Lars T. Hansen said:
I and Paolo Palmieri had decided to begin developing 2 Linux device drivers for Pi's on-board I/O.
Both I and Paolo are engineers (BEng) in embedded systems. I had made 2 (kernel space) drivers before (not in the kernel tree), and Paolo had done "ARM7TDMI and DSP speech codecs programming before, ... and RasPi has a DSP" <-- I'm quoting a tweet from Paolo.
The device drivers are the missing ones from http://elinux.org/RPi_Low-leve.....er_support
The Foundation will not include a GPIO driver in the initial release, standard Linux GPIO drivers should work with minimal modification.
The Foundation will not include an SPI driver in the initial release, we hope the community might write one.
The Foundation will not include an I²C driver in the initial release, we hope the community might provide one, standard Linux I²C drivers should work with minimal modification.
We will make the kernel space device drivers mentioned in the above list, except the first. If GPIO is done via polling everything from the above list will be made.
We can, of course, not release anything before we have a Pi to test the drivers on.
I'm writing on a more detailed Readme file, which is to be released on this projects GitHub page.
I will post a link to the repository at GitHub as soon as i have just a little bit to show: Readme file, userland documentation (how to use device drivers from programs/software libraries), and of course the kernel source code and example userland (C) source code, including kernel source code for the alpha (=unstable, for daredevils only) device drivers.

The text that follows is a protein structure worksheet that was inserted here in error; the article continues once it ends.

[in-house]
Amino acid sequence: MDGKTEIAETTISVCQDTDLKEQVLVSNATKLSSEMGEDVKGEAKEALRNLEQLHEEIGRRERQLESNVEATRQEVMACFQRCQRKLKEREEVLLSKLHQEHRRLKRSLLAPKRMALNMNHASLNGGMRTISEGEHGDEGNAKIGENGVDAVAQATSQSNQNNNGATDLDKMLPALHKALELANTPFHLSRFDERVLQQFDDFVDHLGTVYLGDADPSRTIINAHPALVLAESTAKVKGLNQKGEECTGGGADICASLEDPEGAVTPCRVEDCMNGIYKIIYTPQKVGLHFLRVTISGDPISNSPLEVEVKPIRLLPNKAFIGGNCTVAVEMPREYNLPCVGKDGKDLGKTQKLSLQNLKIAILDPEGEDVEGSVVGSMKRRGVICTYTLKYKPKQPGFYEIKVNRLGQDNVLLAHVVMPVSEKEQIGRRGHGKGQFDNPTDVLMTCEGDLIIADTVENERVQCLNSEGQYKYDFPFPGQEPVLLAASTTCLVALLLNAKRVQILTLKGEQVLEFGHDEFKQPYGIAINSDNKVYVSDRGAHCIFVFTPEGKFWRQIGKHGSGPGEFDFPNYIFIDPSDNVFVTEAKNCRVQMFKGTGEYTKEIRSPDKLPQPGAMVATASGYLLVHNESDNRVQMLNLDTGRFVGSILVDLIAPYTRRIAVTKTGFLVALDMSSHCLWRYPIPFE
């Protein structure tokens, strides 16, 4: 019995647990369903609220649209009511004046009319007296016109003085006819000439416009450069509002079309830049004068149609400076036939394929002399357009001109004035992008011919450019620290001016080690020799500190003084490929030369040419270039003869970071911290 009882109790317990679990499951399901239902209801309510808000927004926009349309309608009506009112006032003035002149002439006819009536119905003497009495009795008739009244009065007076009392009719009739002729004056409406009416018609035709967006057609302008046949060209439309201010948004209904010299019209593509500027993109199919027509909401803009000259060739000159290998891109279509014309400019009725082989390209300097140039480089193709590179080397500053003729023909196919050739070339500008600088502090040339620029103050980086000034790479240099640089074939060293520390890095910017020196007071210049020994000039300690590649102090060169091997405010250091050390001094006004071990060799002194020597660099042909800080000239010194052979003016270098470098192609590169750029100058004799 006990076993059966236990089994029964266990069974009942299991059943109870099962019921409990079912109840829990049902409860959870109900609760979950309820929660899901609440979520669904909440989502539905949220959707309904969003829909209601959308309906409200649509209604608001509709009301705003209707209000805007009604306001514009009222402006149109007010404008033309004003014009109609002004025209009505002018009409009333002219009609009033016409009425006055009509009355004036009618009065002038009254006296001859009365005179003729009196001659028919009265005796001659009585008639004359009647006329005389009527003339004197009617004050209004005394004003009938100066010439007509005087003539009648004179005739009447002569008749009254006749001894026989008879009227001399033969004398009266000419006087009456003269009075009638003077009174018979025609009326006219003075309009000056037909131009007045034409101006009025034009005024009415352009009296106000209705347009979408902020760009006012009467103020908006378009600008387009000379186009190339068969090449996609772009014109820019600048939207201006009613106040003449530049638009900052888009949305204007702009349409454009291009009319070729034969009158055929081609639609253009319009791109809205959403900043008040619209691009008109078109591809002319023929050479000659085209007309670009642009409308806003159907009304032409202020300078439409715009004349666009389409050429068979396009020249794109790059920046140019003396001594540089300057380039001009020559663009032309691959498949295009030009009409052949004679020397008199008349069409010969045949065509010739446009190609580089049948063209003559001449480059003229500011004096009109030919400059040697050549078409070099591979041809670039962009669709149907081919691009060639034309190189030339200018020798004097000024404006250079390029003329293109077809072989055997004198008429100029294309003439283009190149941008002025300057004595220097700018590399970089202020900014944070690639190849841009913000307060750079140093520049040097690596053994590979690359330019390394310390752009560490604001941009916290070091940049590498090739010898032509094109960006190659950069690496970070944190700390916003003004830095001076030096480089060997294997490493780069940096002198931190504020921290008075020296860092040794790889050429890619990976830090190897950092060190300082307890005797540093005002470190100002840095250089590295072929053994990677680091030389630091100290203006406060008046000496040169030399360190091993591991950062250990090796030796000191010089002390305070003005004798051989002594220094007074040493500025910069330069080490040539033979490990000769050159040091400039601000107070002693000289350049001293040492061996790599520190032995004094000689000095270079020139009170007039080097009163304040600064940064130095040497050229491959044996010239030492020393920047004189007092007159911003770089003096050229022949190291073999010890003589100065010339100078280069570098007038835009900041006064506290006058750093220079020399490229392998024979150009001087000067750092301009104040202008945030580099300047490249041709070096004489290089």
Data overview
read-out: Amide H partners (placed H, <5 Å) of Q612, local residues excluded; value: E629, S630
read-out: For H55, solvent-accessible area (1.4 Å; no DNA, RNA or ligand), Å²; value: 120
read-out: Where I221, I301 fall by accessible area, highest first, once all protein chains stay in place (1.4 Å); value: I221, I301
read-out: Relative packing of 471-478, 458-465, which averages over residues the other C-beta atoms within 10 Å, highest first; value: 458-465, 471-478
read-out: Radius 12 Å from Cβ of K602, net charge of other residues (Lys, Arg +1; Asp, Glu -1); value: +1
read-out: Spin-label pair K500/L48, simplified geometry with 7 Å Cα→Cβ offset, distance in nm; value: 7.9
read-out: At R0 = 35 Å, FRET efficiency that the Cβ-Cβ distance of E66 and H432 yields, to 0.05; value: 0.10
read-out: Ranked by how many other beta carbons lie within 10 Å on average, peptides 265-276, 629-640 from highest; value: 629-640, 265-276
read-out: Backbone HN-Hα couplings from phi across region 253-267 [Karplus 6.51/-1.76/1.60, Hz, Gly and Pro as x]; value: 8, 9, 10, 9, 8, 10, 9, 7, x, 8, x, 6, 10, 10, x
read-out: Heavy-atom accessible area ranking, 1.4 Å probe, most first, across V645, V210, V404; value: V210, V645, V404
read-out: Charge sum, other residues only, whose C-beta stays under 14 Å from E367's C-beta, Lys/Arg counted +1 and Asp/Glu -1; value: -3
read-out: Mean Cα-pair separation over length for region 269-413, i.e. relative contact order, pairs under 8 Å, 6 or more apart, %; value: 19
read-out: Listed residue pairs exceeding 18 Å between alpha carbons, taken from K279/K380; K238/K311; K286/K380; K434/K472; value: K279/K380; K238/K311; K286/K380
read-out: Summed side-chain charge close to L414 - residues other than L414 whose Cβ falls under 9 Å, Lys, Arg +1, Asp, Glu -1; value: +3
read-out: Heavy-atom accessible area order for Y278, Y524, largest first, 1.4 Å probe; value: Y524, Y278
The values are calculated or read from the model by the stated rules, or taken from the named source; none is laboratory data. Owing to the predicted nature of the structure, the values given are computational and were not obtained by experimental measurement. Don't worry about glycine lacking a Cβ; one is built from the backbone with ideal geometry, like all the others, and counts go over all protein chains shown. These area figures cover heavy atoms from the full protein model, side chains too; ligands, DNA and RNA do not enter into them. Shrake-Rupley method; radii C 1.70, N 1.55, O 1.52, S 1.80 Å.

Note that SPI and (high-speed) I²C makes it possible to have audio/mic input for the Pi via a 16-bit stereo ADC chip and some custom electronics.
The device driver could, if instructed to do so, redirect raw audio capture from a specific SPI port (SPI1 or SPI2) or I²C device to Linux's sound subsystem. Any desktop should then discover the new sound device via the X11 server (or in the near future: Wayland). Programs are also capable of discovering the audio device.
If anyone is working on SPI and I²C kernel space device drivers for the Pi, i would like to know about it.
And now 3 question to the reader. Thanks to anyone in advance for any useful answer.
I have to ask this question about the GPIO and the Pi:
Does it use polling or does it use the hardware-interrupt support from the BCM2835?
If polling is used, then there is a room for optimization (read: Use hardware-interrupt + a tiny kernel space driver + a UIO driver).
How do you make layered device drivers in the Linux kernel? How to depend on some lower level device driver? Post links if you know anything. Thanks.
Does there exists a UART/low-level serial port device driver for the BCM2835. I had seen some bcm2708 stuff in the RasPi kernel tree via https://github.com/simoncadman/Raspberr ... ch-bcm2708
Does the BCM2835 and the BCM2708 shares some of the same on-chip peripherals? If yes, which?
What is you opinion about these device drivers?
Would you use SPI, and I²C in you own DIY hardware project together with a Pi?
Thank you for offering to develop these drivers. I have a PIC controlled system, which uses I2C to communicate with two devices:
1. Supercap backuped RTC and Thermometer (DS1629)
2. Seven segment LED driver (SAA1064)
I can make available the schematics right the way, but the PCB has a connector with a different pinout than the Raspberrz Pi requires (an adapting cable is needed). I am also not sure, whether the RaPi can deliver enough power for the Seven segment LED display (4 digits).